On one hand, Nimrod is like a tough, treacherous, oppressive ruler. On the other hand, people became more aggressive, demanding, and selfish toward each other.
In addition, Abraham’s father Terah began the so-called separation of the gods. He sculpted all kinds of figurines and told the Babylonians that each of them represented some kind of deity to whom one should pray, anoint, and light candles.
From a spiritual point of view, these are some unknown forces in a person that he wants to somehow please, understand, and cope with. This is the worship of deities.
It is said that Nimrod was a mighty hunter before the Lord. This means that he wanted to pull people out of their primitive animal state and raise them higher, incite their egoism, competition, and thirst for all kinds of gains.
Question: Against whom did Nimrod rebel?
Answer: In principle, there was no one he could rebel against, except against nature itself, which lulled people. He did not want that. He wanted his subjects to be selfish, competitive, move forward, and move his kingdom forward.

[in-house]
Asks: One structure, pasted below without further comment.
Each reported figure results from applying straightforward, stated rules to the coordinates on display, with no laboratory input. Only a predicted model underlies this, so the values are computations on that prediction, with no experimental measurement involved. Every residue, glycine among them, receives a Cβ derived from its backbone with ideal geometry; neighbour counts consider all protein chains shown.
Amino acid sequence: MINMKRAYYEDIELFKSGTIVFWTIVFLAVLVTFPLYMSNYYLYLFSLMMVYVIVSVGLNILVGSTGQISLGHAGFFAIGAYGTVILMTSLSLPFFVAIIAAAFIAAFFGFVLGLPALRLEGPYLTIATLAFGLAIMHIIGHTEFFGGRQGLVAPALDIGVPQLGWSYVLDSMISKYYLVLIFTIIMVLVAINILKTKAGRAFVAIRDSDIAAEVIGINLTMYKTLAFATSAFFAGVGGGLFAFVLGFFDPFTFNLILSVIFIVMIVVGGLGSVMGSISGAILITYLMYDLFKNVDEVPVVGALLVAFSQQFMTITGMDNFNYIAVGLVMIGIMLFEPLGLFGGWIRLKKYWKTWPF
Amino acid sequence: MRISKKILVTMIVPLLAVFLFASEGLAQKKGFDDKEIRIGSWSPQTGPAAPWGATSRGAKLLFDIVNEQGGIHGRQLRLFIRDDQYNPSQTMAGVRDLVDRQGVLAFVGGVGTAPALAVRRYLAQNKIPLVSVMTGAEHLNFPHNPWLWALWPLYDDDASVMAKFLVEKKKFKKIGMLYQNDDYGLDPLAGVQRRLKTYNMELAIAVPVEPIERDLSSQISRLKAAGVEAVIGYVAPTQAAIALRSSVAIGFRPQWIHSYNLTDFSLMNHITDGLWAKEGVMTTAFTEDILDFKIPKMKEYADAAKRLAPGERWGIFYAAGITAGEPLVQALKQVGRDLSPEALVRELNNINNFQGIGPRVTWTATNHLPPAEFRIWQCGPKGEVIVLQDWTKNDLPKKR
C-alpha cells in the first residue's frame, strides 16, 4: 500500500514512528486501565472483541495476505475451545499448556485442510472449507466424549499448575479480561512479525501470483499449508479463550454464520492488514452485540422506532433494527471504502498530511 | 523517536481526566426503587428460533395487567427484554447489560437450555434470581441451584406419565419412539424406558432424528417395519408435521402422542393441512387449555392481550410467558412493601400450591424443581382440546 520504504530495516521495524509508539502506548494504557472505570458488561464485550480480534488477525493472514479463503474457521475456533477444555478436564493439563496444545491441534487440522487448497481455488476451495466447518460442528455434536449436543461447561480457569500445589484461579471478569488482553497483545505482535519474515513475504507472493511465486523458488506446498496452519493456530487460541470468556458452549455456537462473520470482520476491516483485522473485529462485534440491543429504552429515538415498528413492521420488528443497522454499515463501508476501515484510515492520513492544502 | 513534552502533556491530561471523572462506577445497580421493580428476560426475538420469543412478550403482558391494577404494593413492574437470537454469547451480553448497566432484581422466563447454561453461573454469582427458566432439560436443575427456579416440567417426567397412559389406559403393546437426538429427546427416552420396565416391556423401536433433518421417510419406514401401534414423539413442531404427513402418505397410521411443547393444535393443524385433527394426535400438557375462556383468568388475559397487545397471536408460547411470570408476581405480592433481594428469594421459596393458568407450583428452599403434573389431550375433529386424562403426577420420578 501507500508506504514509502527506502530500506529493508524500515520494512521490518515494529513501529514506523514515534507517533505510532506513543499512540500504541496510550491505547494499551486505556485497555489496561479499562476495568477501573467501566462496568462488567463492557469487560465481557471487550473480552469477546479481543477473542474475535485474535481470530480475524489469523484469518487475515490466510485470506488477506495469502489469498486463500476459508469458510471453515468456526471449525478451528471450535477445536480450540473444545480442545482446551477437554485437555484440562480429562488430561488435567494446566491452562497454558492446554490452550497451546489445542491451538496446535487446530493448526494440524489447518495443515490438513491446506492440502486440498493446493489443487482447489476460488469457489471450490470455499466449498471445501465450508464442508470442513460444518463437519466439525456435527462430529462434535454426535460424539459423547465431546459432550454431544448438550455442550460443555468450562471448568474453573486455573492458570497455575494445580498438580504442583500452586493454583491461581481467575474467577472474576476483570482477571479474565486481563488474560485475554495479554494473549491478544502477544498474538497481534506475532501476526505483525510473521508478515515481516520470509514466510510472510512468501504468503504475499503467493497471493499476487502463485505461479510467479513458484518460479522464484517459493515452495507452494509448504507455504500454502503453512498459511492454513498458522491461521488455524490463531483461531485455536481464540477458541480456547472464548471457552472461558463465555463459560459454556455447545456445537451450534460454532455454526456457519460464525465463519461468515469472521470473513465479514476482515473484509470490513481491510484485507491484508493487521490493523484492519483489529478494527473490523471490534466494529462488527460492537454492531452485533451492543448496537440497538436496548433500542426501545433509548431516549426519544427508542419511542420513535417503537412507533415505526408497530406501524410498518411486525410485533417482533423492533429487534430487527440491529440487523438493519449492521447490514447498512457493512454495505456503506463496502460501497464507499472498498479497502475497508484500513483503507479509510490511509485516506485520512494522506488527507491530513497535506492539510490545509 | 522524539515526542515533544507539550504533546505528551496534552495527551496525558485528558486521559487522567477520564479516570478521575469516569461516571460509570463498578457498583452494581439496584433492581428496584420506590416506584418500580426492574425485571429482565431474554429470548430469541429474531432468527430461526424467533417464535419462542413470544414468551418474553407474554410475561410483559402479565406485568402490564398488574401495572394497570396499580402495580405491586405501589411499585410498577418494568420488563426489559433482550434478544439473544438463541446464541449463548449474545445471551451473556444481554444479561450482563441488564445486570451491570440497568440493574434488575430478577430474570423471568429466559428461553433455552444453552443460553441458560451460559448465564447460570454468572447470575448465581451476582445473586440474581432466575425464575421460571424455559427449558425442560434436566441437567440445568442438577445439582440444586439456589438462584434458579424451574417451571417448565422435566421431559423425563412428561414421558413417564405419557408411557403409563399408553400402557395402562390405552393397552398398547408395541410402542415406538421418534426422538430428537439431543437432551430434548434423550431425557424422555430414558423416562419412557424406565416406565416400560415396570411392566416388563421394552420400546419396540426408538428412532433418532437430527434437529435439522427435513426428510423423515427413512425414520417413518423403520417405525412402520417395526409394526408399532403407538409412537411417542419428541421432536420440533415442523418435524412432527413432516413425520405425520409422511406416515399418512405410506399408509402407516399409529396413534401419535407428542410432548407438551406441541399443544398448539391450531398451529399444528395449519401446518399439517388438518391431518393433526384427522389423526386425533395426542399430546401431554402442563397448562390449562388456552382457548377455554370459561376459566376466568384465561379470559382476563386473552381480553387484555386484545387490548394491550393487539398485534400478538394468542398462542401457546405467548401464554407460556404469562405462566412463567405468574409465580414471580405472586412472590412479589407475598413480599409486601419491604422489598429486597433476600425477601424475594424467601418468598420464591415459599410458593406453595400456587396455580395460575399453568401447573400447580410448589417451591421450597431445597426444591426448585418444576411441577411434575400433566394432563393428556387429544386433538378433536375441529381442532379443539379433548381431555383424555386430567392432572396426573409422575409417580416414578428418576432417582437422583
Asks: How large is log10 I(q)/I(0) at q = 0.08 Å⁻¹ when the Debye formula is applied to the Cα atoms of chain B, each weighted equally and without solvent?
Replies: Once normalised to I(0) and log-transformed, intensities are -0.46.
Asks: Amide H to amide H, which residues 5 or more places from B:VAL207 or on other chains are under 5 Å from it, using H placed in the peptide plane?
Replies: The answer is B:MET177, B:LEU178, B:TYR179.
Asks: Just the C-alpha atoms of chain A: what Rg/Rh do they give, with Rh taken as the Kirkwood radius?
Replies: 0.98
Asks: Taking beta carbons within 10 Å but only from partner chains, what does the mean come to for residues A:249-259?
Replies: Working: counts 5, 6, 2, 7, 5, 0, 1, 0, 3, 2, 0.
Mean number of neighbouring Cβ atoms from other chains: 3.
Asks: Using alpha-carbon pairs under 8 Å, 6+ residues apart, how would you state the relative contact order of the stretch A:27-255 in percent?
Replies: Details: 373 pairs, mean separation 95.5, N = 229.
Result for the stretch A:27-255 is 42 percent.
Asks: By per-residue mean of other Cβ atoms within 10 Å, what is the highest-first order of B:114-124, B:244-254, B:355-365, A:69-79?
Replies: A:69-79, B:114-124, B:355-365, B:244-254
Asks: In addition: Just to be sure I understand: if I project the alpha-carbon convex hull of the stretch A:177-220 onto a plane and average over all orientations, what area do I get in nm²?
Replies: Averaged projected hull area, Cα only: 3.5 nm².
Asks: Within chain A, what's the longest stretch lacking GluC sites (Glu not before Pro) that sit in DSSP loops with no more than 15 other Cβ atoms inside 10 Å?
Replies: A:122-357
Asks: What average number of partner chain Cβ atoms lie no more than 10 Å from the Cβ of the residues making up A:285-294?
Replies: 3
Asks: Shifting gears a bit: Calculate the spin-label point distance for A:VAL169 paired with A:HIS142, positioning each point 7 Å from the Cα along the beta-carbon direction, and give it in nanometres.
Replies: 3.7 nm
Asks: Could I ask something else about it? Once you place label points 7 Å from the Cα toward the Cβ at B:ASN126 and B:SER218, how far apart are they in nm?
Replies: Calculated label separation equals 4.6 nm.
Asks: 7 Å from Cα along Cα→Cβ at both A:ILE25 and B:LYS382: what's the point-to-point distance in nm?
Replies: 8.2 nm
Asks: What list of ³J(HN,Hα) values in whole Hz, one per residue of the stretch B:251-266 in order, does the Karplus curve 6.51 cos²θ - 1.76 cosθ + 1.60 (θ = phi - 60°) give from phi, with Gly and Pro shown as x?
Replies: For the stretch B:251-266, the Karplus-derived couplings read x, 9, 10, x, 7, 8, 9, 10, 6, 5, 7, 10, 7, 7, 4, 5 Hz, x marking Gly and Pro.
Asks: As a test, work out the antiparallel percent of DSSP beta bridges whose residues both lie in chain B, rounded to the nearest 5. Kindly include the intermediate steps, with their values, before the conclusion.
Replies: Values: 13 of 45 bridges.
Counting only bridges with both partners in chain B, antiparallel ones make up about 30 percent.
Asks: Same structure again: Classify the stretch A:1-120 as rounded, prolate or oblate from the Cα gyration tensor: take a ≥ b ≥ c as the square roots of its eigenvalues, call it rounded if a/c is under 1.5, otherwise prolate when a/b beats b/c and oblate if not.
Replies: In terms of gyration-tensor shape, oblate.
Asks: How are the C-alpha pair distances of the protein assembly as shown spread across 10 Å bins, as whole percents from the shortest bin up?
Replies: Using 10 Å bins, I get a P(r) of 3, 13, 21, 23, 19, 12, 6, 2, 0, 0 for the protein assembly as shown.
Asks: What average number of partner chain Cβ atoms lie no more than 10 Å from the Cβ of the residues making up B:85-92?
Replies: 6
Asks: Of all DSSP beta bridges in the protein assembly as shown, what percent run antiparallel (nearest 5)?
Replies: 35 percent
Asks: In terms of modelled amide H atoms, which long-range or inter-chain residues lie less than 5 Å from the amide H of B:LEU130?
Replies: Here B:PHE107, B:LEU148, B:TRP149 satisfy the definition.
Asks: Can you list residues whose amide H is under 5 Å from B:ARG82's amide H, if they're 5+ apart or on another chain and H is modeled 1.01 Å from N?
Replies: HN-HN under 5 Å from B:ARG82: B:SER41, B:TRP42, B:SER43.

Comment: In general, this is a positive property. After all, we want our children to compete and develop in this way.
My Response: Competitions can also have a different character. A person can compete for not being selfish and not to conquer everyone and everything.
“Nimrod” in a person is a negative property that to this day develops in mankind at an indomitable speed.
From KabTV’s “Spiritual States” 6/11/21